posted by dgeiser13 at 1:32 PM on August 18, 2011


In case B, you have a question you need to ask Julie, and Julie has questions she needs to ask you. You ask your question. Julie answers it. Maybe not the answer you wanted, but she does answer it. Then, conveniently (since you're already right there talking to each other) she can ask you her questions.

What's wrong with that? What would your ideal situation be? Once you ask your question (and have it answered), are you expecting a 15-minute moratorium during which Julie ought not ask you questions? Because that would be absurd.
posted by DevilsAdvocate at 1:35 PM on August 18, 2011 [2 favorites]


Me: Hi Linda (QUESTION ONE) and (QUESTION TWO, PREDICATED ON QUESTION ONE)?

Linda: (ANSWER TO QUESTION ONE) (ANSWER TWO IMPOSSIBLE BECAUSE OF ANSWER ONE) [marching orders from your boss]
The subsequent requests from your boss might be deflection bullshit to hide her failure to do what she should have, it might be a passive-aggressive swipe at you for daring to question when she will do something for you, it might just be stuff you reminded her of.

In all three cases it doesn't matter. You just have to do it.

The way to avoid being irked at this is to remind yourself that (a) you answer to them, they don't answer to you. If they are jerky or incompetent or screwups it's THEIR BOSSES' PROBLEM, not yours. and (b) stop thinking of this as an effort to get XYZ and accomplish ABC and think of it instead as an effort to remind Linda that you did indeed get her what you were supposed to.

Your proper response is to say okay, I can have that for you in X time so I can proceed with XX which requires me to have your approval on that TPS report.
Me: Hey Julie, (QUESTION)

Julie: (OBFUSCATED ANSWER WHICH CLEARLY MEANS NO I DON'T KNOW) [possibly reasonable requests of you or maybe shit you can't possibly do till she gives you what you need]
You got your answer here. You're just (somewhat reasonably) irked that she didn't do the right thing which is commit to when she WOULD get it done or get back to you with the answer. So you do the reasonable thing - you agree to the requests that are reasonable after you get a commitment from her on when she'll do her shit.

You can look non-douchy by saying "Sure, I can do some of that, let me write it down. Let me get a pen here... and when will you have a chance to look up those vendors? I know I'm going to need them before I can get some of those answers for you."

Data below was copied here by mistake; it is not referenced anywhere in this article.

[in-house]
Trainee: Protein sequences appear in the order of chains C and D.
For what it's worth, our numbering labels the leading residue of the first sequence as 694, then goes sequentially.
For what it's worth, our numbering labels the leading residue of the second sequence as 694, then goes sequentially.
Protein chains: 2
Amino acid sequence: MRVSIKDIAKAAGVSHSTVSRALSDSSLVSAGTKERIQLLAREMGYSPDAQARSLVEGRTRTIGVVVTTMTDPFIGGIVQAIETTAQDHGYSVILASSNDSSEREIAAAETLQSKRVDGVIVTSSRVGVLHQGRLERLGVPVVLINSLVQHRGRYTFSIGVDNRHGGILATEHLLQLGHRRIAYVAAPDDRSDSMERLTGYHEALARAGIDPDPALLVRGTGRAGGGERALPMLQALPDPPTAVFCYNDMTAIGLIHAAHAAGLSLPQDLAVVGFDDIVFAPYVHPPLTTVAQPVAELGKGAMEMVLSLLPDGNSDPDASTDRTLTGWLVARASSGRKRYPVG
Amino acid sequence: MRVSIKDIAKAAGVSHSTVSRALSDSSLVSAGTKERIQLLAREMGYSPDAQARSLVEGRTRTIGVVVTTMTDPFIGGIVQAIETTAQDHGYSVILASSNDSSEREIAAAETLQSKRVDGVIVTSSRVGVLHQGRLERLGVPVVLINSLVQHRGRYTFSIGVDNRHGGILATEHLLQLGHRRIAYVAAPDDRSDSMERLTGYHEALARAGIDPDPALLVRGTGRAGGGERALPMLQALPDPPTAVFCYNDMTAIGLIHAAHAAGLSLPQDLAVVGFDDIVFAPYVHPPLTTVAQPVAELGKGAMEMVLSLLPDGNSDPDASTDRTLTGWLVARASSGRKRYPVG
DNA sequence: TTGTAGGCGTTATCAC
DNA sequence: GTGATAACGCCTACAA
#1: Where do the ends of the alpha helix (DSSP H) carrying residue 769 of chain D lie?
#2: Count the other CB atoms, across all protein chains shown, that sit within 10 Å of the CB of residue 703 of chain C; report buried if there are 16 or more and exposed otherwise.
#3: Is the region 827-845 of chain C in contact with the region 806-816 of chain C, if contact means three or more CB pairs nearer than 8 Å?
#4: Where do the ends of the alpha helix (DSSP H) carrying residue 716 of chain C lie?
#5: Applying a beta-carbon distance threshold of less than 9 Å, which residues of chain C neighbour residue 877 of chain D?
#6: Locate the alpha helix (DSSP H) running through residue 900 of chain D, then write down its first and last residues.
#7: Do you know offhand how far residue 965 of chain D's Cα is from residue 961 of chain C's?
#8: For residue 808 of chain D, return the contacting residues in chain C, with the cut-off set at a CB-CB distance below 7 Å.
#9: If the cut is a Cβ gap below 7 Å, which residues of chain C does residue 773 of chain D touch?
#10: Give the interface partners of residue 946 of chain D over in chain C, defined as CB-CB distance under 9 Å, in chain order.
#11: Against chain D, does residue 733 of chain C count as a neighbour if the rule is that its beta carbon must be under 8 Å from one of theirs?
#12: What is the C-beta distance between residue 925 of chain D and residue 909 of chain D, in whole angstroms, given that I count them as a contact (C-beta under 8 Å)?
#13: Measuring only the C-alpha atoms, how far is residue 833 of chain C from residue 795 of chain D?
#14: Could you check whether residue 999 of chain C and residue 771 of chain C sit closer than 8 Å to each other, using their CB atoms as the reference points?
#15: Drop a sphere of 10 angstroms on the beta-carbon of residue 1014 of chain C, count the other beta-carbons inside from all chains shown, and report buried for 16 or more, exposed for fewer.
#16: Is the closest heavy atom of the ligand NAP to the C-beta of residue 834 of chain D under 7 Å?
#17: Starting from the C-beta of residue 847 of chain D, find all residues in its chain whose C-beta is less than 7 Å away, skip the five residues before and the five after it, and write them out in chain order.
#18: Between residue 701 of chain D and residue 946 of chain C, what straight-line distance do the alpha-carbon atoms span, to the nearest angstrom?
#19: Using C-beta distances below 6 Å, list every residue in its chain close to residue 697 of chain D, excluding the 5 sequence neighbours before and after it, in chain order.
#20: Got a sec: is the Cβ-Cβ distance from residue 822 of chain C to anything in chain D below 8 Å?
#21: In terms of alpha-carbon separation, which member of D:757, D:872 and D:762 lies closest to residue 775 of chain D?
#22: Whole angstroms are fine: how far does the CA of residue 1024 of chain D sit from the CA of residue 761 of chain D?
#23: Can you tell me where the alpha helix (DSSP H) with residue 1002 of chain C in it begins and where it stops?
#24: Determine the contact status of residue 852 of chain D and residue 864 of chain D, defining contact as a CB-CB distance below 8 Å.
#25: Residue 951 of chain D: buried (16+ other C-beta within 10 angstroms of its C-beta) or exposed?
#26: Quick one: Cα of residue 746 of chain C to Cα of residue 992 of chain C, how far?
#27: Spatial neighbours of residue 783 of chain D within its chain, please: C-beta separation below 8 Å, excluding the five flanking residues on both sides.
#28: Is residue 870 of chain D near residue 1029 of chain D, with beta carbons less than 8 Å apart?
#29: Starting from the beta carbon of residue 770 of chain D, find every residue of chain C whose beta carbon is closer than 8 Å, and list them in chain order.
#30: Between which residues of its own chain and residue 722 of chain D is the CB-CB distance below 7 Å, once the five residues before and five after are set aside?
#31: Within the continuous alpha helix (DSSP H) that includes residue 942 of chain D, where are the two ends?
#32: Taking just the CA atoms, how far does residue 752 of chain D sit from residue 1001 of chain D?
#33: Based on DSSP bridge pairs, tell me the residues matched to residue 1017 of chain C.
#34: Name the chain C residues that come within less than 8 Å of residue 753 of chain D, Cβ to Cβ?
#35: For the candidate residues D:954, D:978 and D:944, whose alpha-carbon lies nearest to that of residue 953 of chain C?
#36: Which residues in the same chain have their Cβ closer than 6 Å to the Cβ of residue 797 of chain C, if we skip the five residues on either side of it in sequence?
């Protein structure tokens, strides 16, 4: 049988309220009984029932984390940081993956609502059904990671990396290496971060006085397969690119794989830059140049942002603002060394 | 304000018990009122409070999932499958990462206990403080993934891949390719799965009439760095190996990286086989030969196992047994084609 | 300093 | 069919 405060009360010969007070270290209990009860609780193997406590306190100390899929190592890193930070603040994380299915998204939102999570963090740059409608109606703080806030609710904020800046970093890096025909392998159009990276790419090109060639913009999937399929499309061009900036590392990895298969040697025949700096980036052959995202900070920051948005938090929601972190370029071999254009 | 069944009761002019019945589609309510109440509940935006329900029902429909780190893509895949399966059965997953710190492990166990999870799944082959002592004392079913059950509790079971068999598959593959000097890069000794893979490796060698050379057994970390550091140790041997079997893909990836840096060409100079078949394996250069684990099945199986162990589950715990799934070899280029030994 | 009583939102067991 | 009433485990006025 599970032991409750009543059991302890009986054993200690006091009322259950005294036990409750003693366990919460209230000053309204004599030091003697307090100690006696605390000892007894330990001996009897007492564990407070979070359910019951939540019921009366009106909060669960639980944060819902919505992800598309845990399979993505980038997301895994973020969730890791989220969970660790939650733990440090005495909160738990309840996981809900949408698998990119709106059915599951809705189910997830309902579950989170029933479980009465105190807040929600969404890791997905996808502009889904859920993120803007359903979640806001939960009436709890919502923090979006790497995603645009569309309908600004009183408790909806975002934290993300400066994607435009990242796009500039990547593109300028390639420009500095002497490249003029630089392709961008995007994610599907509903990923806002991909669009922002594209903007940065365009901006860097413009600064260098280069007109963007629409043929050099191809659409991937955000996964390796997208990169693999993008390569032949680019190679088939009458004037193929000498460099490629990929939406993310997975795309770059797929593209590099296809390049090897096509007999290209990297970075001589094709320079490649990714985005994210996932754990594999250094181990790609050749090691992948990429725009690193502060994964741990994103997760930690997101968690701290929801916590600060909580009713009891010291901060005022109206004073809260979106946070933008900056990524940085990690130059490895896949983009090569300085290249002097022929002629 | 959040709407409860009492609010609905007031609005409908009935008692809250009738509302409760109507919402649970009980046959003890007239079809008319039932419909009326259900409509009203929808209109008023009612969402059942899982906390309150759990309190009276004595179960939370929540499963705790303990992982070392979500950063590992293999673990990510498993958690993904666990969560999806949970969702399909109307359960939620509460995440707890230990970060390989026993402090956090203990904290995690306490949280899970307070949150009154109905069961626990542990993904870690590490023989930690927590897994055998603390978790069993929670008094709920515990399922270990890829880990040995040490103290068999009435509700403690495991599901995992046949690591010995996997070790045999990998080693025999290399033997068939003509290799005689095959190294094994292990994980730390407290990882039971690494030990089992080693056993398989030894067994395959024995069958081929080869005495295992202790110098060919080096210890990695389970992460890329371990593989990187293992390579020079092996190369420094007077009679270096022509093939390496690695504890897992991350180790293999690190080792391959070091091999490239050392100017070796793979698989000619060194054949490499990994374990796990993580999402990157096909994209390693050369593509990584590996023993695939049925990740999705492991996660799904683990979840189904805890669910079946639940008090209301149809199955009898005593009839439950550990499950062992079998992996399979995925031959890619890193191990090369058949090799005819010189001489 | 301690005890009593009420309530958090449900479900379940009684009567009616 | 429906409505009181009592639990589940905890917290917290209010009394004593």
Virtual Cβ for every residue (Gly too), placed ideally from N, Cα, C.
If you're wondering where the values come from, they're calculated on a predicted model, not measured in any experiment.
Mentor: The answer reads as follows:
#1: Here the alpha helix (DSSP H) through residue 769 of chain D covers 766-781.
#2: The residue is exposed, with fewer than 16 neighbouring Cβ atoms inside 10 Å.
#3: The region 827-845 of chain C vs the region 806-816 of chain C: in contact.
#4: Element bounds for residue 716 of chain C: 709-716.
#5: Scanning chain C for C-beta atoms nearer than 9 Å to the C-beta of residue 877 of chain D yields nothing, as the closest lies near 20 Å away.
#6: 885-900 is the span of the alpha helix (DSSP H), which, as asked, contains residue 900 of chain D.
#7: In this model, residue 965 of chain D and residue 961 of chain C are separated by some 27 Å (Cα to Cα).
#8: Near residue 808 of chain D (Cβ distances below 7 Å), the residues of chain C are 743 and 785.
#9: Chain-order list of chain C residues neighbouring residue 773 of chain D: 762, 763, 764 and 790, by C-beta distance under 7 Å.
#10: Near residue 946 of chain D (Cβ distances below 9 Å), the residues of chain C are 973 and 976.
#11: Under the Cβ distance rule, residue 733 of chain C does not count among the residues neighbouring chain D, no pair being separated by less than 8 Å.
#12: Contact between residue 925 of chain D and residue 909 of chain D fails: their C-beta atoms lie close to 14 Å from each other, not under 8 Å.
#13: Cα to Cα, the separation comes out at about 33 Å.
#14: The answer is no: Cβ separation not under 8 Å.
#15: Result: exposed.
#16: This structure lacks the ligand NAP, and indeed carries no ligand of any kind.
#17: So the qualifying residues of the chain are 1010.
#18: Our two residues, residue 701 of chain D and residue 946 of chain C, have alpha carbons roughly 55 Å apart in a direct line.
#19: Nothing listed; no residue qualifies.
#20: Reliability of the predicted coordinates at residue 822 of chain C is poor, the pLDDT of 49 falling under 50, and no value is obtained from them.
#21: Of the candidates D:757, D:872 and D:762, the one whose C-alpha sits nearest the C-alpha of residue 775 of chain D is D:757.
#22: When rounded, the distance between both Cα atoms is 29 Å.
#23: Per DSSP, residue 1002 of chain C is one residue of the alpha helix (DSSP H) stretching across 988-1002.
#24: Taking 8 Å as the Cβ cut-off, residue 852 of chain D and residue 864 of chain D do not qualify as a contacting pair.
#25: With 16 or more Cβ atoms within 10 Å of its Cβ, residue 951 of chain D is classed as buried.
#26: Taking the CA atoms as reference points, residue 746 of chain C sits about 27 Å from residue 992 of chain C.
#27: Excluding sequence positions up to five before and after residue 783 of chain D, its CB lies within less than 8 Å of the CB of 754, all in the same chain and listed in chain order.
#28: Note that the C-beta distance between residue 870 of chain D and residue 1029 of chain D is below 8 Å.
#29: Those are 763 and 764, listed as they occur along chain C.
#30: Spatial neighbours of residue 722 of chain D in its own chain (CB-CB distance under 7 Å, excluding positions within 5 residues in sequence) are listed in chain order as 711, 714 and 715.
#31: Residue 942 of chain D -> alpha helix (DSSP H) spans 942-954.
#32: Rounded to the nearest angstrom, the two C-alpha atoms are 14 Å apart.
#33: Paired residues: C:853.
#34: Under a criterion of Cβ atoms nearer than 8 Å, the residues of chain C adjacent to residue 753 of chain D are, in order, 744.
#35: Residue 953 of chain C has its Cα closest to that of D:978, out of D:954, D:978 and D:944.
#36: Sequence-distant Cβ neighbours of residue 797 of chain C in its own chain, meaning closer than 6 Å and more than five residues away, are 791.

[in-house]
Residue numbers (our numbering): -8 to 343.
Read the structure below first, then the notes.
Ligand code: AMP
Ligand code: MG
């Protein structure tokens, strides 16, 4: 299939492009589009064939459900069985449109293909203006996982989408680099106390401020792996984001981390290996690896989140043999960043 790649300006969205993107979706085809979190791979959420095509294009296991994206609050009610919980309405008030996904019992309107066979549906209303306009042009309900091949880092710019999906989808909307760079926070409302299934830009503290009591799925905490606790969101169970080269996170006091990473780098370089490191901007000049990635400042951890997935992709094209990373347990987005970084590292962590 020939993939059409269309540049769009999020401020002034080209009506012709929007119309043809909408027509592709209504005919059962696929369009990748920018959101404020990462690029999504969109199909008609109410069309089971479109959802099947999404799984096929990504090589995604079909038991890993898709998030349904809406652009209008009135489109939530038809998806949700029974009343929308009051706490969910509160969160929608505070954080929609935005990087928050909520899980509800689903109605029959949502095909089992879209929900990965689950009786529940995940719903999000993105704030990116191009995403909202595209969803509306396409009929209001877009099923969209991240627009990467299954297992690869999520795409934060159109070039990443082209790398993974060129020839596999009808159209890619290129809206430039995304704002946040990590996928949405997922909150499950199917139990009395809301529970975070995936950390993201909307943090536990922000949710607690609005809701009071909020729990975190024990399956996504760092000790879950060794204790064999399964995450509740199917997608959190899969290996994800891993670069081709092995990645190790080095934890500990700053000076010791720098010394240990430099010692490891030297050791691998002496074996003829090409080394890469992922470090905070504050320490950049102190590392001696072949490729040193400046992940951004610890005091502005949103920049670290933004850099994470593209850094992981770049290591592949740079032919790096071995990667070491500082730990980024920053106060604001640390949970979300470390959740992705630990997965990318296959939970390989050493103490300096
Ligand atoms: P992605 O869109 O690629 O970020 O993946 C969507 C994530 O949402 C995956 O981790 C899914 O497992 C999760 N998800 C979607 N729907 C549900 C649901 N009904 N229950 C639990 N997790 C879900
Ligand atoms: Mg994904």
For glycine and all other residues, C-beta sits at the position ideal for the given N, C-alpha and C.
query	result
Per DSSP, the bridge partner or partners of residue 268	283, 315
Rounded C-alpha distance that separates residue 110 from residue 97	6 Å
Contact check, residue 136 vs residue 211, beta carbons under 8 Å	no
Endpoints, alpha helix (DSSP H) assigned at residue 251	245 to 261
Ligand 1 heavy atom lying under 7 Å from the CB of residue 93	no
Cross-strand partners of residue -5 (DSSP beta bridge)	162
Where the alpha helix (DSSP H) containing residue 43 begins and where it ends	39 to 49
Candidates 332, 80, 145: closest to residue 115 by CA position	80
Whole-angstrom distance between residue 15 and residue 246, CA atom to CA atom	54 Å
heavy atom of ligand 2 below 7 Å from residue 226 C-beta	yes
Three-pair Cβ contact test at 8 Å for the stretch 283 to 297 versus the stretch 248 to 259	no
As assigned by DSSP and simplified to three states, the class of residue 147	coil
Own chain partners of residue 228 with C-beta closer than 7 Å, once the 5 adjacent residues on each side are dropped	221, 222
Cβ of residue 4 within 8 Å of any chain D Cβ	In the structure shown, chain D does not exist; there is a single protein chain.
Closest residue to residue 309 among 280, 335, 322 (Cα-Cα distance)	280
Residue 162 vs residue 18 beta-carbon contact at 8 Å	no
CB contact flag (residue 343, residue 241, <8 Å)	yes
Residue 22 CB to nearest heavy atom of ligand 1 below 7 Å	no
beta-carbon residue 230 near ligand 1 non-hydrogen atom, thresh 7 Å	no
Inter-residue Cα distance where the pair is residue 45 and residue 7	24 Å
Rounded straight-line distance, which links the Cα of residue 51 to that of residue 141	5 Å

Again, might be PA bullshit, maybe she's incompetent or just scatterbrained. Doesn't matter, you still have to work with her. The best way I can suggest you try not to be annoyed with it is to revel in your superiority and assume she'll eventually get hers. The way you cope with it is to manage the encounter and get a time commitment for her part.

It's a drag that some of the people we have to cope with at work aren't organized and don't follow through on their obligations. You just have to manage them by pressing them into commitments. In the case of Julie you drop her an email with as much info as you can scare up in 90 seconds, remind her of what you need and when, and make a commitment to when you get her what she needs and meet that commitment.

When they get the picture that you're gonna be the comethrough kid and keep at them for their commitment they'll go their part just to keep you off their case. Might mean they start screwing someone else over on deadlines but hey, you're getting what you need.
posted by phearlez at 1:45 PM on August 18, 2011 [1 favorite]


Randy Pausch (of last lecture fame) had a really great tip about communicating with people you need something from:

Have a timeline and clear consequences, for them. (bonus points if your timeline is a day or two ahead of when you really really need the thing. Not a controlling week, but give yourself some wiggle room, ya know? We've all been faced with the realization that today is not the best time to be begging for things you needed yesterday.)

You not being able to get the logos done tomorrow is (probably) of no consequence to Julie. Find out why Julie needs to get the vendors to you. How does not getting that list make her life harder? If it doesn't, then you're out of luck on speeding things up. However, she has brought to your attention that she needs more information, which you have or have not provided her. (It's possible in your example that you've emailed her all the budget and space details, and she has not seen them/forgotten them/etc), and she's giving you consequences for that. So in the future, when you give her all the information, give her a deadline, and a consequence.

As for Linda, unless there is someone above her waiting for her input, and she knows about it, she's going to keep waiting to hear what others say. After all, if she can get 5 people to say "it's fine" first, she can either rubber stamp it, or be the hero who catches some major problem. Both are appealing. If everybody is expected to read the damn thing twice, have it be clear that everybody reads it by 9/1 and then they can all compare notes on 9/2 and then they need to give it a final look by 9/4 so that it can go to the printer by 9/4 at 3pm. If folks get to jockey around being the last person to touch it so they can avoid copy editing minor changes, this will drag on forever.